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US notified 3,000 firms about cyberattacks in 2013

WASHINGTON — Federal agents notified more than 3,000 US companies last year that their computer systems had been hacked, White House officials have told industry executives, marking the first time the government has revealed how often it tipped off the private sector to cyberintrusions.

The alerts went to companies large and small, from local banks to major defense contractors to national retailers such as Target, which suffered a breach last fall that led to the theft of tens of millions of Americans’ credit card and personal data, according to government and industry officials.

‘‘Three thousand companies is astounding,’’ said James Lewis, a cyberpolicy expert at the Center for Strategic and International Studies. ‘‘The problem is as big or bigger than we thought.’’


The number reflects only a fraction of the cyberintrusions into the private sector by criminal groups and foreign governments and their proxies, particularly in China and Eastern Europe. The estimated cost to US companies and consumers is up to $100 billion annually, analysts say.

The scale of notifications is an effort to ramp up the sharing of threat information by the FBI, Department of Homeland Security, and other agencies with US companies, officials say. The alerts follow a February 2013 executive order by President Obama to ‘‘increase in volume, timeliness, and quality’’ the cyberthreat information shared with the private sector.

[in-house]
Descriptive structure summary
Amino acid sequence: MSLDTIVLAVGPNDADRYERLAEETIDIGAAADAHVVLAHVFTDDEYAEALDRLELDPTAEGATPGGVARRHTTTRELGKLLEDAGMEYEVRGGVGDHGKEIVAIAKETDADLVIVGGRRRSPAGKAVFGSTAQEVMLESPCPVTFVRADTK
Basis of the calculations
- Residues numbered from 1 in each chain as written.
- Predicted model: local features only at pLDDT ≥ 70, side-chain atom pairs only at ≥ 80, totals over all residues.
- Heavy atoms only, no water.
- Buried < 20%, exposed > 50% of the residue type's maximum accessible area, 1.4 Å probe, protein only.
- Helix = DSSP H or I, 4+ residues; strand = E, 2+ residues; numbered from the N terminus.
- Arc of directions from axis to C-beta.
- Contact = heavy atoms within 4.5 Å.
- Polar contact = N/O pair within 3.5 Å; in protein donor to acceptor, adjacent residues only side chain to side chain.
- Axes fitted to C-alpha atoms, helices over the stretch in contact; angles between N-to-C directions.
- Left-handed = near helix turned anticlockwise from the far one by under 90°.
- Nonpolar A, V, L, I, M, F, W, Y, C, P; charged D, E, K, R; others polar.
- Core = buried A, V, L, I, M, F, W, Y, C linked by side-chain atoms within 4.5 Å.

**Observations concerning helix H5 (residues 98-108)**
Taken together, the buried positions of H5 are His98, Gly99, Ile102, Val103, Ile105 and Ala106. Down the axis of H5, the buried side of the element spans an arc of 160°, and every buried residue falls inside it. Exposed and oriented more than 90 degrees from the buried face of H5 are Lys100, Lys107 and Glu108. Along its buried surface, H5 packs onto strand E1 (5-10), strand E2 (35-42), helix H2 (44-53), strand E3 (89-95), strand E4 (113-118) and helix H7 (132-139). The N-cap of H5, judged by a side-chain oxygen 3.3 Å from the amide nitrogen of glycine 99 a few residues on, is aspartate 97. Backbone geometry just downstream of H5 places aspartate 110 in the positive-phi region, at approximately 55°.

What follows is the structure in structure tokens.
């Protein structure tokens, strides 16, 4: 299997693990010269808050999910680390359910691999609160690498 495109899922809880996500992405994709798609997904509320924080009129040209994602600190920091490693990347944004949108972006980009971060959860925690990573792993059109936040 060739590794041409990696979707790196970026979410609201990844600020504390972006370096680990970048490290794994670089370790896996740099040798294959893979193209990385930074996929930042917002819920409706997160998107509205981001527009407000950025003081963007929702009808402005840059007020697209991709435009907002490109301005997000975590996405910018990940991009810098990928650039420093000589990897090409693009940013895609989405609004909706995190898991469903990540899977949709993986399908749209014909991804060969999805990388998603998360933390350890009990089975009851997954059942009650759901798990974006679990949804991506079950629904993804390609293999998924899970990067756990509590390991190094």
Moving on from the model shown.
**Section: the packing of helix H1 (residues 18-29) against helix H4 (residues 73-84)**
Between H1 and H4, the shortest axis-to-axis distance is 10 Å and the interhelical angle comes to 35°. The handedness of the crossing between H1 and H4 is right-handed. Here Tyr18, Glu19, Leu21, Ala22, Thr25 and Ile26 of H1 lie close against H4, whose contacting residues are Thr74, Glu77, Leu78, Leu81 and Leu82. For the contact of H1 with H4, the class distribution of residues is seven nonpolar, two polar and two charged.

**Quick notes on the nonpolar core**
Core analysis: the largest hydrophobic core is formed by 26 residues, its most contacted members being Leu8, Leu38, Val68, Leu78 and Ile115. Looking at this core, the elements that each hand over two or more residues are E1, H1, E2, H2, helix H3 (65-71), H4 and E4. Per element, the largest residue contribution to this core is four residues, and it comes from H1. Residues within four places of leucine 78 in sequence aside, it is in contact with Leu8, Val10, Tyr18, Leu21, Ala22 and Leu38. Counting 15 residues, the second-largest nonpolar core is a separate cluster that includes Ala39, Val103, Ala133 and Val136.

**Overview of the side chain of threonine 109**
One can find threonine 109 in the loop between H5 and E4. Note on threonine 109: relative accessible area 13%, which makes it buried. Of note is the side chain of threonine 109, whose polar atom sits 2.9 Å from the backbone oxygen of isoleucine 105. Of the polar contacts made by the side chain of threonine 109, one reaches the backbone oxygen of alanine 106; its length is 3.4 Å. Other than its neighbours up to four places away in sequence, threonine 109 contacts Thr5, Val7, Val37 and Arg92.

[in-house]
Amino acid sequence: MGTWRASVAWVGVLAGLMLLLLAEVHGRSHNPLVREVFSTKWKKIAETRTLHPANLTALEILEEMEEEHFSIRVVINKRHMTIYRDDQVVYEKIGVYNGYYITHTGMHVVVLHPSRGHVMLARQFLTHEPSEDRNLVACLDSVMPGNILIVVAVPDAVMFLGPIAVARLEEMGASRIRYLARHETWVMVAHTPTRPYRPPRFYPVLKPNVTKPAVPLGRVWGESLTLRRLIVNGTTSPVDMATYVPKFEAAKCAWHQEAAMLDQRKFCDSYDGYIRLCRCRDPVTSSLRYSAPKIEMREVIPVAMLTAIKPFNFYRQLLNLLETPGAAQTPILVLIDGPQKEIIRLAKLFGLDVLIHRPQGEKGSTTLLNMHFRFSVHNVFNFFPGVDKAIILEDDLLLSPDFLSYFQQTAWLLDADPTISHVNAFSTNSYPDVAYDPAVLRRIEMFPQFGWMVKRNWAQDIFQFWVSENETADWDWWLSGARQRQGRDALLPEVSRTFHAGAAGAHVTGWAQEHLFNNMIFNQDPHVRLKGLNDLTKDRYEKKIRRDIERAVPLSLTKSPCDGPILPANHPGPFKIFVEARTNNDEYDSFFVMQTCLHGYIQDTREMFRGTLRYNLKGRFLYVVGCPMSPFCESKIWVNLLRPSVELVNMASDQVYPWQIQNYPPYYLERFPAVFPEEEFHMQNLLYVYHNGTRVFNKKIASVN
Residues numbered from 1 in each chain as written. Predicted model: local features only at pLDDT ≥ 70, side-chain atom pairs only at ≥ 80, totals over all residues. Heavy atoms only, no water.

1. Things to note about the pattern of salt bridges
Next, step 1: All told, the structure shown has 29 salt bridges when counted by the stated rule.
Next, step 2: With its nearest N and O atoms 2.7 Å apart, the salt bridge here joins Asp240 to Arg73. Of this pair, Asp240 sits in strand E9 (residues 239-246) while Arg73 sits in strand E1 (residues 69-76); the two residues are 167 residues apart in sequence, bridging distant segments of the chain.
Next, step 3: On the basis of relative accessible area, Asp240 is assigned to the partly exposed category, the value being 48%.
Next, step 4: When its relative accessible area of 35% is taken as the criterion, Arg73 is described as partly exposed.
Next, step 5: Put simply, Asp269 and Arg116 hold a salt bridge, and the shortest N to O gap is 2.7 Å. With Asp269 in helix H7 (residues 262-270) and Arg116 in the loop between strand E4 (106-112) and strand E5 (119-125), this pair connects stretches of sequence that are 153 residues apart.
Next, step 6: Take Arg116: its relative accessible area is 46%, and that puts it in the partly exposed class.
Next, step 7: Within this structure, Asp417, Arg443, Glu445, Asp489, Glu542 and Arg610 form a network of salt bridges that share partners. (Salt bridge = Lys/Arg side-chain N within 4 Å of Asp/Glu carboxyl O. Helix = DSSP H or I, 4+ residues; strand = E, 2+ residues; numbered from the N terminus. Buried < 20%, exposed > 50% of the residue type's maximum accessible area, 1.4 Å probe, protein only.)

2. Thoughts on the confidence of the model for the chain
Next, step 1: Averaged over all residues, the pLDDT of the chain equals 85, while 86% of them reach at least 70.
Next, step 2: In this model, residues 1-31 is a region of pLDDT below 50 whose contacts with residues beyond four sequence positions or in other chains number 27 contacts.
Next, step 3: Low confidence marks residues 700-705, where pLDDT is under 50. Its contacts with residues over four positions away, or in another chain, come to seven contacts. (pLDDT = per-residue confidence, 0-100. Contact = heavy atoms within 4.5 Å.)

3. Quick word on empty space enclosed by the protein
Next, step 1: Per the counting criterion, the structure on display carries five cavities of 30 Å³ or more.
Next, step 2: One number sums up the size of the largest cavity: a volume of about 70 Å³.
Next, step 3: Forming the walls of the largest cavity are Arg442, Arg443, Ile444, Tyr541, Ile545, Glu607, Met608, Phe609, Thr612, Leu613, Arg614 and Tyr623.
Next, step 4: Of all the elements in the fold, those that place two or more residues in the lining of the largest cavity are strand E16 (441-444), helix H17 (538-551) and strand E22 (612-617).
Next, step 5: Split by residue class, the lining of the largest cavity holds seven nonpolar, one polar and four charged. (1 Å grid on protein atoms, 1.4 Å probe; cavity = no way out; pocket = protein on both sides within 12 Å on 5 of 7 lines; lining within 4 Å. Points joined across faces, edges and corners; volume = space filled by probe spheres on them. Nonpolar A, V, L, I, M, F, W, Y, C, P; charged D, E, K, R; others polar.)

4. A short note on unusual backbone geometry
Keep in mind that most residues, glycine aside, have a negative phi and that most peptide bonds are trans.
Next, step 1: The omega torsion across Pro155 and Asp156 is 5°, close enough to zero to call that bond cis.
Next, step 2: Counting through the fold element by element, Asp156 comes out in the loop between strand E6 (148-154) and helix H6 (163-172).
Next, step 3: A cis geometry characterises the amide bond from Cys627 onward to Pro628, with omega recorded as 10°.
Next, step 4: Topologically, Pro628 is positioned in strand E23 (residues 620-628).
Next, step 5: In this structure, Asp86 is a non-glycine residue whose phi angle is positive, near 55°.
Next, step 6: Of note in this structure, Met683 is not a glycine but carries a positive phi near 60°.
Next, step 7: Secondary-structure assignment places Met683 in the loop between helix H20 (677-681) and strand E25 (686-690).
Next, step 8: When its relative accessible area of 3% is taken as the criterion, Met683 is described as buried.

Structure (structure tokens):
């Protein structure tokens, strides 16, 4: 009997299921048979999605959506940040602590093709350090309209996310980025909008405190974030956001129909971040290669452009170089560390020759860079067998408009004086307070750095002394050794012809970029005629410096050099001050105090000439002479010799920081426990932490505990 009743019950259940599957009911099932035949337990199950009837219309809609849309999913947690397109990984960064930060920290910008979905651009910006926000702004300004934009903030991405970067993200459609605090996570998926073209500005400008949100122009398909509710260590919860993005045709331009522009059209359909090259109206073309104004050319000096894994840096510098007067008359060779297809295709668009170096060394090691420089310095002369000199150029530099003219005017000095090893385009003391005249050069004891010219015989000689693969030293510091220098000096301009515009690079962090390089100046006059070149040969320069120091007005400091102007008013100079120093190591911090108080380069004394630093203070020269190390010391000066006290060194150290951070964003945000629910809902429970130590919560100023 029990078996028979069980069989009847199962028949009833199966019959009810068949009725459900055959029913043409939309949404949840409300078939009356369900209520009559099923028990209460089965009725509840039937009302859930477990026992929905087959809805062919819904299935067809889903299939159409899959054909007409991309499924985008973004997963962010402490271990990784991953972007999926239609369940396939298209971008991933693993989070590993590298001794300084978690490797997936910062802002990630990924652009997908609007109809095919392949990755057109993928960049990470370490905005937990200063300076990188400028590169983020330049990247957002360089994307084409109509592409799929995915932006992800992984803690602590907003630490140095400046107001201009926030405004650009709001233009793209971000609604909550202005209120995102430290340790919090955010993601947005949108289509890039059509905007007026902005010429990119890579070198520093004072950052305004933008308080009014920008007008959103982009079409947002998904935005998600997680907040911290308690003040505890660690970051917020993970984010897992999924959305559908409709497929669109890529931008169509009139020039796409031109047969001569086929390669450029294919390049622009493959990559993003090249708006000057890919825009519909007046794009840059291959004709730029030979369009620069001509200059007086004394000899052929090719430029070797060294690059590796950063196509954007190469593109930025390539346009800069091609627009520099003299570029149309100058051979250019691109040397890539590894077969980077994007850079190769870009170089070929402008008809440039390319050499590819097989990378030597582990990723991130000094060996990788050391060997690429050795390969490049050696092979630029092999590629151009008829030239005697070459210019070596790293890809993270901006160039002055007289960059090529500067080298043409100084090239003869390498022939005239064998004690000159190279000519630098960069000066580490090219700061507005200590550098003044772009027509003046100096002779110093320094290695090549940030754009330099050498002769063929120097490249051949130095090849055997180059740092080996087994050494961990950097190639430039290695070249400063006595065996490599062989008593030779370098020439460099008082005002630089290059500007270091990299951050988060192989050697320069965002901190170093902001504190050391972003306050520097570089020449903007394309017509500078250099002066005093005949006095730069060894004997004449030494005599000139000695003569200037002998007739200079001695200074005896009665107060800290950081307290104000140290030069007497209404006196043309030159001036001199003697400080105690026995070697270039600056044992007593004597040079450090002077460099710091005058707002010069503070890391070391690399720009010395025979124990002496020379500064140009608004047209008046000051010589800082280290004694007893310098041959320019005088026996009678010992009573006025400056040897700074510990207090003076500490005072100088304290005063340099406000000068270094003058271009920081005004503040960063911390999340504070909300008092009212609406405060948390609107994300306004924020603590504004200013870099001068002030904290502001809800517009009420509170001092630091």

The disclosure comes as the government struggles to pass legislation to set security standards that companies in critical sectors must follow. It also comes amid reports the National Security Agency has breached the servers of a Chinese telecommunications firm in order to learn if the company has been spying on behalf of Beijing, although agency officials say the United States does not steal corporate data to benefit US companies’ competitiveness.

In the absence of cybersecurity legislation, the government last month unveiled a voluntary framework of best practices that companies can follow to secure their computer networks. Lisa Monaco, deputy national security adviser for homeland security and counterterrorism, told industry leaders at a White House event that the government had alerted more than 3,000 companies, officials said.


‘‘When companies are notified that they have been victimized by malicious cyber actors, it should be a wake-up call,’’ White House cybersecurity coordinator Michael Daniel said in a statement to The Washington Post. ‘‘US businesses must improve their cybersecurity.’’

Daniel said that companies need to make ‘‘smart investments’’ in personnel and technology, and that staying on top of threats through information-sharing with government is key.

‘‘These notifications are helping to build and exercise public-private teamwork on a daily basis,’’ he said.

About 2,000 of the notifications were made in person or by phone by the FBI, which has 1,000 personnel dedicated to cyber investigations at 56 field offices and its headquarters. Some of the notifications were made to the same company for separate intrusions, officials said.